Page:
As for Alpine stuff, I ended up taking the jacket to Alaska under recommendation from Matt Helliker. He was harping on to me about how perfect the Speed Jacket was for Alaskan climbing so I packed it in the bag along with my trusty Ascensionist just in case. This year Alaska was a bit of a wash out - the weather at the start of the season was truly terrible so we spent a lot of time just digging the tent out. But by the end of our stay and a quick jump to Kahiltna things started to clear up. The temperatures by then were starting to get pretty warm but we decided to head up the West face of Kahiltna Queen for some sunrise shots on the summit ridge.
Jon heading up the Kahiltna Queen in the Speed Ascent jacket
We left at midnight and spent the next three hours breaking trail to the face in deep snow and gale gusting winds. The snow was a pain but I felt bomb proof in my Speed Ascent Jacket. I zipped it up, pulled the hood toggles tight and then got lost in my own world of breaking trail in the dark with snow flying sideways across my head torch beam. Will was having a hard time behind trying to sort out his clothing system but in the biting wind the Speed Ascent performed without any problems. Once on the route we simul soloed up; whilst I was worried that the Speed Ascent would be too hot it was actually just right. We climbed non-stop on pretty good but often deep 50 degree snow and 2 hours later as we approached the summit ridge I still had it fully zipped up.
Patagonia Speed Ascent Jacket
I hadn't really given it enough credit for how breathable it would be and it wasn't until this climb that I realised it. Previously I had thought that it would be far too warm for most activities but I was pleasantly surprised how it had performed - the last 5 hours had been at training pace and at no point did I feel like I needed to take it off due to the heat.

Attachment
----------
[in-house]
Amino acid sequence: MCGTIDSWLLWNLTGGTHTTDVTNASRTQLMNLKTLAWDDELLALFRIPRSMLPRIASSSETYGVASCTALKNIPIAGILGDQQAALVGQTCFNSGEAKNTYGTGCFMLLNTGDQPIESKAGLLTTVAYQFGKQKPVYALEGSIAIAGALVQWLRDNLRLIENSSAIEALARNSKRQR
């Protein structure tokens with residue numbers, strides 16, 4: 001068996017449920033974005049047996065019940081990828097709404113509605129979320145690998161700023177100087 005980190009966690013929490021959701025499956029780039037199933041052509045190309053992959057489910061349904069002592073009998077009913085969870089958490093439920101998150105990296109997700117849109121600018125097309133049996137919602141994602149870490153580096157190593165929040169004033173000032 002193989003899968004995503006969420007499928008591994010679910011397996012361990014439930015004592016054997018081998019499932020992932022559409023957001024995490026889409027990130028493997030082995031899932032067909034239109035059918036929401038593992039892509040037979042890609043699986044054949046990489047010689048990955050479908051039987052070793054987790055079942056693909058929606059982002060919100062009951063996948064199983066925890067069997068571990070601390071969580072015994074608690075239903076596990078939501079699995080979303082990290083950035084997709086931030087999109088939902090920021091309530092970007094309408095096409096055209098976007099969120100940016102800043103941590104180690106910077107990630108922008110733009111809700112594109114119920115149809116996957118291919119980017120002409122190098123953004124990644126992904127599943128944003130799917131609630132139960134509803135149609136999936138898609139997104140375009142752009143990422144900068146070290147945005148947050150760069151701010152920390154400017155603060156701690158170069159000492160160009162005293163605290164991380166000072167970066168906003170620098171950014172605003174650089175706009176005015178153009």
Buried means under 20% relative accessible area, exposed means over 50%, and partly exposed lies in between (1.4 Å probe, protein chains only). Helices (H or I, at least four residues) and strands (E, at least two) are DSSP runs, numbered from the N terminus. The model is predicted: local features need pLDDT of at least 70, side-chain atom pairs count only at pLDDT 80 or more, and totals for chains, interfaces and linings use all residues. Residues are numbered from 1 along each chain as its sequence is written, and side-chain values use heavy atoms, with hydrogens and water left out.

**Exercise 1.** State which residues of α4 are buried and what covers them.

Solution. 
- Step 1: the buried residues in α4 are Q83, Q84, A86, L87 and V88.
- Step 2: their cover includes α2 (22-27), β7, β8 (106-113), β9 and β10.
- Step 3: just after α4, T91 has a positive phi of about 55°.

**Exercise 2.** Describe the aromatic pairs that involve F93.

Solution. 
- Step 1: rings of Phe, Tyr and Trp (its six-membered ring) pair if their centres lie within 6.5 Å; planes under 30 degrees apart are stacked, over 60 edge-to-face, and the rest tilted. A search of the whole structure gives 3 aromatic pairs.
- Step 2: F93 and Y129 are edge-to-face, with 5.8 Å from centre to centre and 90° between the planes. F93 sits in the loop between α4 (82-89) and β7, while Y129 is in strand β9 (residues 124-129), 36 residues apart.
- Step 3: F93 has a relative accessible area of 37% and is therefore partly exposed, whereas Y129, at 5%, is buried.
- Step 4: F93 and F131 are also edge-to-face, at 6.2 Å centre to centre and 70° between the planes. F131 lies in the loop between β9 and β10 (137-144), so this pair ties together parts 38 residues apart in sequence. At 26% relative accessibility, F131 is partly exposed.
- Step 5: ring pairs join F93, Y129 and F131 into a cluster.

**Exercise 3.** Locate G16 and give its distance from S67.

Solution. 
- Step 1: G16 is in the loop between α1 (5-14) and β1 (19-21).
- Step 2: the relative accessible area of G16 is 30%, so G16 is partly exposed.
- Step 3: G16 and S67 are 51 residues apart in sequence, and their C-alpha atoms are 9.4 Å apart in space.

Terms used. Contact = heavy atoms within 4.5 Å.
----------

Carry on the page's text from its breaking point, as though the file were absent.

The stretch afforded by the jacket is great - it doesn't restrict you as you might think a thicker outer layer would. As mentioned earlier the fit is awesome as well. It's a European rather than a US cut - the kit Patagonia sell in the EU is tailored for slimmer rather than bulky climbers.
All in all a pretty cool jacket but not one that will suit everyone's taste. If you do find yourself climbing a lot of, say, summer Alpine then this is definitely going to be way too hot but if your thing is very cold temperatures (skiing or climbing) then it's ideal.
STOCKISTS: A list of UK stockists is here.
About Jon Griffith
Jon Griffith, left and Jack Geldard
Jon Griffith's first climbing days were in the Avon Gorge at Bristol. After university he moved to Chamonix, where he works as a professional mountain photographer: www.alpineexposures.com.
"It's hard to pick one specific type of climbing that I prefer over the others but I think my heart still lies with big mixed alpine routes that potentially involve a couple of nights bivying. I am still getting used to the whole Chamonix 'get back in time for the last lift' style - I still include bivying as a part of any decent mountaineering experience. I am also still getting used to crack climbing - it hurts.... a lot."